In less than 15 days, a very unlikely phenomenon occurred three times: a solo miner managed to add a block to the Bitcoin blockchain by himself.
At current levels of computational power required by the network, one estimate is that the chance of this happening for someone using an average of 100 TH/s (terahashes per second) is one every 27 years — that’s if the miner leaves the machine. connected every day, paying for the electricity used.
This Monday (24) the creator of the Solo CK mining pool, Con Kolivas, informed on Twitter that once again a member of the group was lucky enough to add a block by himself.
The miner managed to add the block 720,175 to the blockchain using a computing power of just 86 TH/s (terahashes per second). In addition to the standard reward of 6.25 BTC per mined block, the user also received transaction fees, resulting in a total profit of 6.55800548 BTC.
At the current price of the cryptocurrency, the amount is equivalent to US$ 218 thousand, or about R$ 1.1 million.
Marathon, the world’s largest bitcoin mining company, applies 3.5 exahashes per second to mine bitcoin – with one exahash equaling one million terahashes.
In the case of this second one, the miner managed to add the block using 0.002% of the force that the company uses to do the same task.
the used machine
The miner posted a message on the Solo CK forum, maintaining his anonymity, but celebrating the event and thanking Kolivas for creating the pool.
He also released a photo of his rig (the term for the machinery used in mining) and of his computer screen with CGMiner (software that does mining).
He said his machine has nine Gekkoscience Compaq F USB units, responsible for solving the block. These are small mining equipment, similar to a pen drive, which are placed via USB ports on computers, as can be seen in the image below:
According to the website Bitcoin Merch, each Gekkoscience Compaq F USB is worth US$ 220, about R$ 1,200. The miner must have spent around BRL 10,800 to build his rig, without taking into account the cost of other equipment shown in the image, such as the USB hub and fans.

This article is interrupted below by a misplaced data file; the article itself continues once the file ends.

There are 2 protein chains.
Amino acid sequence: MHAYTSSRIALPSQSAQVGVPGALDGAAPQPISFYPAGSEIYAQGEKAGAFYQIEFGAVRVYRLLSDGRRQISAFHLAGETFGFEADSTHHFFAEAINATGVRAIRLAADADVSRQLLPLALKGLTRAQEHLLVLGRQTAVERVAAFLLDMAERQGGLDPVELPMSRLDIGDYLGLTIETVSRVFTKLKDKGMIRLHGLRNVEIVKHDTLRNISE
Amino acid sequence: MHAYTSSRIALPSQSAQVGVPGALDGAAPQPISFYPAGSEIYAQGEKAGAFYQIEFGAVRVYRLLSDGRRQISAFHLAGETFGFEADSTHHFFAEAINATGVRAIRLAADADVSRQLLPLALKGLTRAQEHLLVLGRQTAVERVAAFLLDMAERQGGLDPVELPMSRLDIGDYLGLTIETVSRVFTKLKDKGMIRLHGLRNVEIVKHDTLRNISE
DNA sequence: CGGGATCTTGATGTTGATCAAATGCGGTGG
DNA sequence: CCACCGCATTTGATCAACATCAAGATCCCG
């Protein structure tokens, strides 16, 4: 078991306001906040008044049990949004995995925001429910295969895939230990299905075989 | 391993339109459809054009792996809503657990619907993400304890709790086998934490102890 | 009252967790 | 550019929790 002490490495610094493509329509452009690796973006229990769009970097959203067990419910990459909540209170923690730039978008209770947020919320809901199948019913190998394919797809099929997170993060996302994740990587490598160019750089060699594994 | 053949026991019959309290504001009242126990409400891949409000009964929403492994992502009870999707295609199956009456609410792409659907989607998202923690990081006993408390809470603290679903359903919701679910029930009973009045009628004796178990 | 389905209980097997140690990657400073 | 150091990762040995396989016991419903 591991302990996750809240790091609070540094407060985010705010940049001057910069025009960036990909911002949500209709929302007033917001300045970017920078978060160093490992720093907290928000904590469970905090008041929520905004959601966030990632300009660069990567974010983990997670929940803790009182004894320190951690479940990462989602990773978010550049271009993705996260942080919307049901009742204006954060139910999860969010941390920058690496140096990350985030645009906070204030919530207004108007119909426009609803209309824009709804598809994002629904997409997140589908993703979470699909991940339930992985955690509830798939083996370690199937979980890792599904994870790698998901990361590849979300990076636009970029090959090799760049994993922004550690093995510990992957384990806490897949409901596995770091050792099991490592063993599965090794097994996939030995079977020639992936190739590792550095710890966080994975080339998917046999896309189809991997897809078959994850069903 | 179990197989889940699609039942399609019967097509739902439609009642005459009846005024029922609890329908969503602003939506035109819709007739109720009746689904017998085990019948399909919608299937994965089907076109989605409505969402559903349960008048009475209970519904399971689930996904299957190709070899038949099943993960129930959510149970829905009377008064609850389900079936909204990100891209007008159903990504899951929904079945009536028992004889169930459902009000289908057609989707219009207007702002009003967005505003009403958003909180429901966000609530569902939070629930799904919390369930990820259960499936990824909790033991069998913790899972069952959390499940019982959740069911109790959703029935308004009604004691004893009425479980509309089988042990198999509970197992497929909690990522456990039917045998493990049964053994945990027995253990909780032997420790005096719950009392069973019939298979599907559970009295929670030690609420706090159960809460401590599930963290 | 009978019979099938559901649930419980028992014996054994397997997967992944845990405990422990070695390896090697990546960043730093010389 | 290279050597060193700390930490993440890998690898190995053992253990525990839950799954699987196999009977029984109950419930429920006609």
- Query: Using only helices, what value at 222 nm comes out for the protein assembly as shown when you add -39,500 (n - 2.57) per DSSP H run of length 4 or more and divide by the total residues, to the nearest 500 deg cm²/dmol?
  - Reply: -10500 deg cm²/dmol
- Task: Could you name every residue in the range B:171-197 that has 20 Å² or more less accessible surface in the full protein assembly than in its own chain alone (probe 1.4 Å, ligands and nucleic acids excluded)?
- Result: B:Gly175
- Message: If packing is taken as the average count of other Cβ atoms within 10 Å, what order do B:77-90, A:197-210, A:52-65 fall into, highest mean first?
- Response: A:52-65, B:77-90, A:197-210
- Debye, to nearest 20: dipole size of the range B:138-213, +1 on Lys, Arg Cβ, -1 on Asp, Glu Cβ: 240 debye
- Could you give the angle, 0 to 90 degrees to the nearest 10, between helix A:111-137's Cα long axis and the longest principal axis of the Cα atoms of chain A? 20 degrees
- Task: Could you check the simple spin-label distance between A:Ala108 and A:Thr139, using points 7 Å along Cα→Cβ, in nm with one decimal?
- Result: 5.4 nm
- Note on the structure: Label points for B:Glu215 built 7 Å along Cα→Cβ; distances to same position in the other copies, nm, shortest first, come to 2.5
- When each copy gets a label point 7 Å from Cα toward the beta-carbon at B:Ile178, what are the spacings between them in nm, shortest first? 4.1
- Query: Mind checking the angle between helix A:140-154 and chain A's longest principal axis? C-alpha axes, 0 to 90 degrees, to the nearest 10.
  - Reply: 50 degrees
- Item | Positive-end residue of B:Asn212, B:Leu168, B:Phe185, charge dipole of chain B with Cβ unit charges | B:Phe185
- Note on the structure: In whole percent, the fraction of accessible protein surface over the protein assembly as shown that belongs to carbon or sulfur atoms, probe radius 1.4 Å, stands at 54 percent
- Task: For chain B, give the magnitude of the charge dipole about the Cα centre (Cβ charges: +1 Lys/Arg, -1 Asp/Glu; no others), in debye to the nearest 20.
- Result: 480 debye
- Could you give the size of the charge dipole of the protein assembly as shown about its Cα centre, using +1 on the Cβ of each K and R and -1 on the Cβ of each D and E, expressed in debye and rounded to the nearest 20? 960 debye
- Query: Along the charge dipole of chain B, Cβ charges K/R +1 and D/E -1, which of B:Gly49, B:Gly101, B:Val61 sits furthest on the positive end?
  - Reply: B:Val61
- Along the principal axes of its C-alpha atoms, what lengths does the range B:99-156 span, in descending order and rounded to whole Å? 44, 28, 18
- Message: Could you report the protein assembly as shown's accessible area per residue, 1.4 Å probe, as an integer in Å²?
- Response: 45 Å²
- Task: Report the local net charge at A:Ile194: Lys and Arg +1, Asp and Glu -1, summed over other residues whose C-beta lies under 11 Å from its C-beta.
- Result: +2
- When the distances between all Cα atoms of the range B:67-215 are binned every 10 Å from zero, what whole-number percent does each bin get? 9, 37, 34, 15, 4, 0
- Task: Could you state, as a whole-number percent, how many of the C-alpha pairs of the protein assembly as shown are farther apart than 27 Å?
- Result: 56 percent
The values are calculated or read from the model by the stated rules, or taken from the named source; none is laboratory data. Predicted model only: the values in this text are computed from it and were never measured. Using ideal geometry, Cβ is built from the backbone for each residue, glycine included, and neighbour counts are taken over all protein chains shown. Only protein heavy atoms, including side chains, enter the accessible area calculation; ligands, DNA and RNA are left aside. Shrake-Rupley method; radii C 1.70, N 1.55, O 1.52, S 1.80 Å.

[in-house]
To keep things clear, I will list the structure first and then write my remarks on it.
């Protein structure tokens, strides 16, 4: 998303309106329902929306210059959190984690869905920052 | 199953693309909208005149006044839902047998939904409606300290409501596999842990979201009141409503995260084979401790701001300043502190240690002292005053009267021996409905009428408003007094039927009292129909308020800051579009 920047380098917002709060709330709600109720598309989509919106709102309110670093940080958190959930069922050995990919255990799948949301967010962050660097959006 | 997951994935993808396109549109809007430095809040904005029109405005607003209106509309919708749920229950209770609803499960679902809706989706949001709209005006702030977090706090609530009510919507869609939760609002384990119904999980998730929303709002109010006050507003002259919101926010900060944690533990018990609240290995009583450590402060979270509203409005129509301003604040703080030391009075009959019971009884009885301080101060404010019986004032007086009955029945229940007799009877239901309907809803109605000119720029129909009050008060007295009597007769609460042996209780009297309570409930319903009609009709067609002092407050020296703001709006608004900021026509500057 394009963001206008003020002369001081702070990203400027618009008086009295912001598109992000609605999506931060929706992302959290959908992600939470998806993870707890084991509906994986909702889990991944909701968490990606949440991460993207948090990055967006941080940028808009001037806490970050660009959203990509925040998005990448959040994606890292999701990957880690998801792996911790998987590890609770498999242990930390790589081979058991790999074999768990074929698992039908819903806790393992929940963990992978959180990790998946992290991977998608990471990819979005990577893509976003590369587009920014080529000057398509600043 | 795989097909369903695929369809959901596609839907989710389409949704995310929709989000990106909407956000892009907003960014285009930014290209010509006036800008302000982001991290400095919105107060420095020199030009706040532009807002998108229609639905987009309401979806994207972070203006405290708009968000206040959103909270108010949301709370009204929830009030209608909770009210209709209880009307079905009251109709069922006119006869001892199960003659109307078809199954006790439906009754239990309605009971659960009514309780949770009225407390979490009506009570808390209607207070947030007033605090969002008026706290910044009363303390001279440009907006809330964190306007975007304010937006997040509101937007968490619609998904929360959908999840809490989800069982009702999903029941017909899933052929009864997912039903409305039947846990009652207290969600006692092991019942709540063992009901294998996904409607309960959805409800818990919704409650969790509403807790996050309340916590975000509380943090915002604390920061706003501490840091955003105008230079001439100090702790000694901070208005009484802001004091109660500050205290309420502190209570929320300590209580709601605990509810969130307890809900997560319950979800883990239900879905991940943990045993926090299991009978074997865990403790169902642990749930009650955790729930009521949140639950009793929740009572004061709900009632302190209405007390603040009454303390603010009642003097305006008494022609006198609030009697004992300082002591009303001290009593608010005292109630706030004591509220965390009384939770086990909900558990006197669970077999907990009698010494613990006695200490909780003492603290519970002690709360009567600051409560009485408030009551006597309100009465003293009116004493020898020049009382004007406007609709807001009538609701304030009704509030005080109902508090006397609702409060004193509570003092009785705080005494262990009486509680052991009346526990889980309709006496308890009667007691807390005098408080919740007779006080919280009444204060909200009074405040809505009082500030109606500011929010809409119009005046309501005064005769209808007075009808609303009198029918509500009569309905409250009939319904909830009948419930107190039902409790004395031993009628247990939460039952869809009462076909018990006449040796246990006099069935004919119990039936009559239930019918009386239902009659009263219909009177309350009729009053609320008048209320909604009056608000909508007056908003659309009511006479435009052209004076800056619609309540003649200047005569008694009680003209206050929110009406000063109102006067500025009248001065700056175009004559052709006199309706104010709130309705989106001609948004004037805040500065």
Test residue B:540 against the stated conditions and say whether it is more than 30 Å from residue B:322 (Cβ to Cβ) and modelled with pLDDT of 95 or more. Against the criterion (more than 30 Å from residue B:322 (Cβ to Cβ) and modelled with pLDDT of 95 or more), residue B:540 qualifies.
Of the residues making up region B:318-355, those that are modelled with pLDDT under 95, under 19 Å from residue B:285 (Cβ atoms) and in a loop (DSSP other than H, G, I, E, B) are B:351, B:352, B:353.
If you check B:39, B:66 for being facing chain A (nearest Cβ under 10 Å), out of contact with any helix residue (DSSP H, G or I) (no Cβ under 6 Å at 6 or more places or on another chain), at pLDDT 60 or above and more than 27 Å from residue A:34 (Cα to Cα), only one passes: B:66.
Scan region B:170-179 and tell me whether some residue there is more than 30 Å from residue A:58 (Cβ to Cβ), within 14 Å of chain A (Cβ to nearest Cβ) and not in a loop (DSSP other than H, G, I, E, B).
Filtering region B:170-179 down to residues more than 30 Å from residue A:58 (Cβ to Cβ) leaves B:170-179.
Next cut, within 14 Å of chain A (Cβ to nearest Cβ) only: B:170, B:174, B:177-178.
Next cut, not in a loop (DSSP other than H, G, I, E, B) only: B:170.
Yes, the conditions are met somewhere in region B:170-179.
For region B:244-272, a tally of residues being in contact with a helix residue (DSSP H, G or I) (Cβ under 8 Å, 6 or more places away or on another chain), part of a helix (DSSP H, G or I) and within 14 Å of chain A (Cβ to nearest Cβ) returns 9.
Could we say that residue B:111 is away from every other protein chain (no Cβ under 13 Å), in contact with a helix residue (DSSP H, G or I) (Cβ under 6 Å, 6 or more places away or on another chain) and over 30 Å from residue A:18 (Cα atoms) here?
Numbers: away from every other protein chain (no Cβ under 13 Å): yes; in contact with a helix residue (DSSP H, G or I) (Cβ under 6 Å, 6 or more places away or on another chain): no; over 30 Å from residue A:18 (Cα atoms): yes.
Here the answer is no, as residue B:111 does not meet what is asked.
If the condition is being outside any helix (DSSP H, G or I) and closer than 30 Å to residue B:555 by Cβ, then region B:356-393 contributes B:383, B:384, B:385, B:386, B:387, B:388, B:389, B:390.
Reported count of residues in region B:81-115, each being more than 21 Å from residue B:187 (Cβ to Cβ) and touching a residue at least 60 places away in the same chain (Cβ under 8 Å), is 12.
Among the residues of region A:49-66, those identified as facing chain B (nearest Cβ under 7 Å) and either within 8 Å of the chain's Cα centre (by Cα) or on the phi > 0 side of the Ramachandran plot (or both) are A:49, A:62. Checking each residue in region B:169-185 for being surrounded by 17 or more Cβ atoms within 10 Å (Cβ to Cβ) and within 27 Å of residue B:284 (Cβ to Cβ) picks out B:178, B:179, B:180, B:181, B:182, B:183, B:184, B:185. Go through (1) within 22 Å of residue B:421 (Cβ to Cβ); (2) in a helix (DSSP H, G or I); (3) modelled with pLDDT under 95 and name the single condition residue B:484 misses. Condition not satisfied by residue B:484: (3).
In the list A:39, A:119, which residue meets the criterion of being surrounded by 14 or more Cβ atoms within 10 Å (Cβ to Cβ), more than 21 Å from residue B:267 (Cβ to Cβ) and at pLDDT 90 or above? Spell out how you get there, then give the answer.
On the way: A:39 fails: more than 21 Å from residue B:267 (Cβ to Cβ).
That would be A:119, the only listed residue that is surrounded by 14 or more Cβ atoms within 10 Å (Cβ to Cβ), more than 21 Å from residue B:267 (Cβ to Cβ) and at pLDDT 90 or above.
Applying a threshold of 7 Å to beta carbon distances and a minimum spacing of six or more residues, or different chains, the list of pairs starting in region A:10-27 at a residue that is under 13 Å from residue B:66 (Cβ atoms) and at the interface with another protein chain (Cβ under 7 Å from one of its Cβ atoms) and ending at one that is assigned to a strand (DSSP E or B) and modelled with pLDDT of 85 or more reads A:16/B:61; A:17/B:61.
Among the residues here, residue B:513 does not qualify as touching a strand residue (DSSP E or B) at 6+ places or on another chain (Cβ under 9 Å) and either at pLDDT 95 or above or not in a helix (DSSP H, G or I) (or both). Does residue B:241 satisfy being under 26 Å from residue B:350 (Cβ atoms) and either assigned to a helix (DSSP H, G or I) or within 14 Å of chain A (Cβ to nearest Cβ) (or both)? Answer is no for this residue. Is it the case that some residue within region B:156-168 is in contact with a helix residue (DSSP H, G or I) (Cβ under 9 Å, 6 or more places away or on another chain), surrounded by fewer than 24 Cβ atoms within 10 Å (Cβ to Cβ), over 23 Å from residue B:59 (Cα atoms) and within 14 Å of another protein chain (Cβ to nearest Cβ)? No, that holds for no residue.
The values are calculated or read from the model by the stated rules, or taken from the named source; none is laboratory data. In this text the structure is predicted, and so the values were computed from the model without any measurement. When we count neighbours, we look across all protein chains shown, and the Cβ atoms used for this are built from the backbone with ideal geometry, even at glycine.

Odds: One block every 27 years
To give you an idea of how lucky the person was: in one of the recent events, a Solo CK miner managed to add a block using 126 TH/s. With this computational power, Kolivas said there is one chance in ten thousand of finding one block per day or, on average, one block every 27 years.
In the case of the latter, the miner used a much lower power than the example cited (86 TH/s against 126 TH/s, a 31% drop in computational power).
Maré de sorte not only CK
Solo CK is different from traditional mining pools that share the rewards evenly among all participants when a block is found. On the rare occasion that an independent Solo CK miner finds a block, the reward is all his own.
The run of luck there started on January 11th, with block 718,124 Then, on January 13th, another Solo CK participant managed to solve the block 718.379 with a capacity of only 116 EH/s, less than the first miner.
According to Kolivas, the second miner had joined Solo CK just two days ago, “probably in response to the other lucky block solver, so he was astronomically lucky to solve a block by himself during that time.”
He added that, as far as the second miner was concerned, the odds of finding a new block in the pool were one in six thousand from the moment he started mining.
After the first lucky episode this year, in response to a Twitter user who asked how often it is for someone with such low computing power to solve a block of bitcoin, Kolivas explained:
“For the miner involved, it’s a once-in-a-lifetime chance. The last time such a small miner resolved a block in my pool was just over a year ago. It’s usually bigger miners that solve blocks statistically, but there’s no reason why even the smallest miner can’t solve one.”
The last time a Solo CK miner had found a block before this tide was on July 2, 2021. At that time, the anonymous user included the block 689.382 on the network using only 100 TH/s, a computational power.
Kolivas stressed that it’s all about luck and odds.
“There is nothing wrong with proof of work [consenso utilizado na rede do Bitcoin para aprovação de blocos], bitcoin is not broken and my mining service does not have a back door to resolve blocks faster,” he said.
The entrepreneur pointed out that “with a sufficient number of miners, someone will eventually solve a block and it could be anyone of any size”.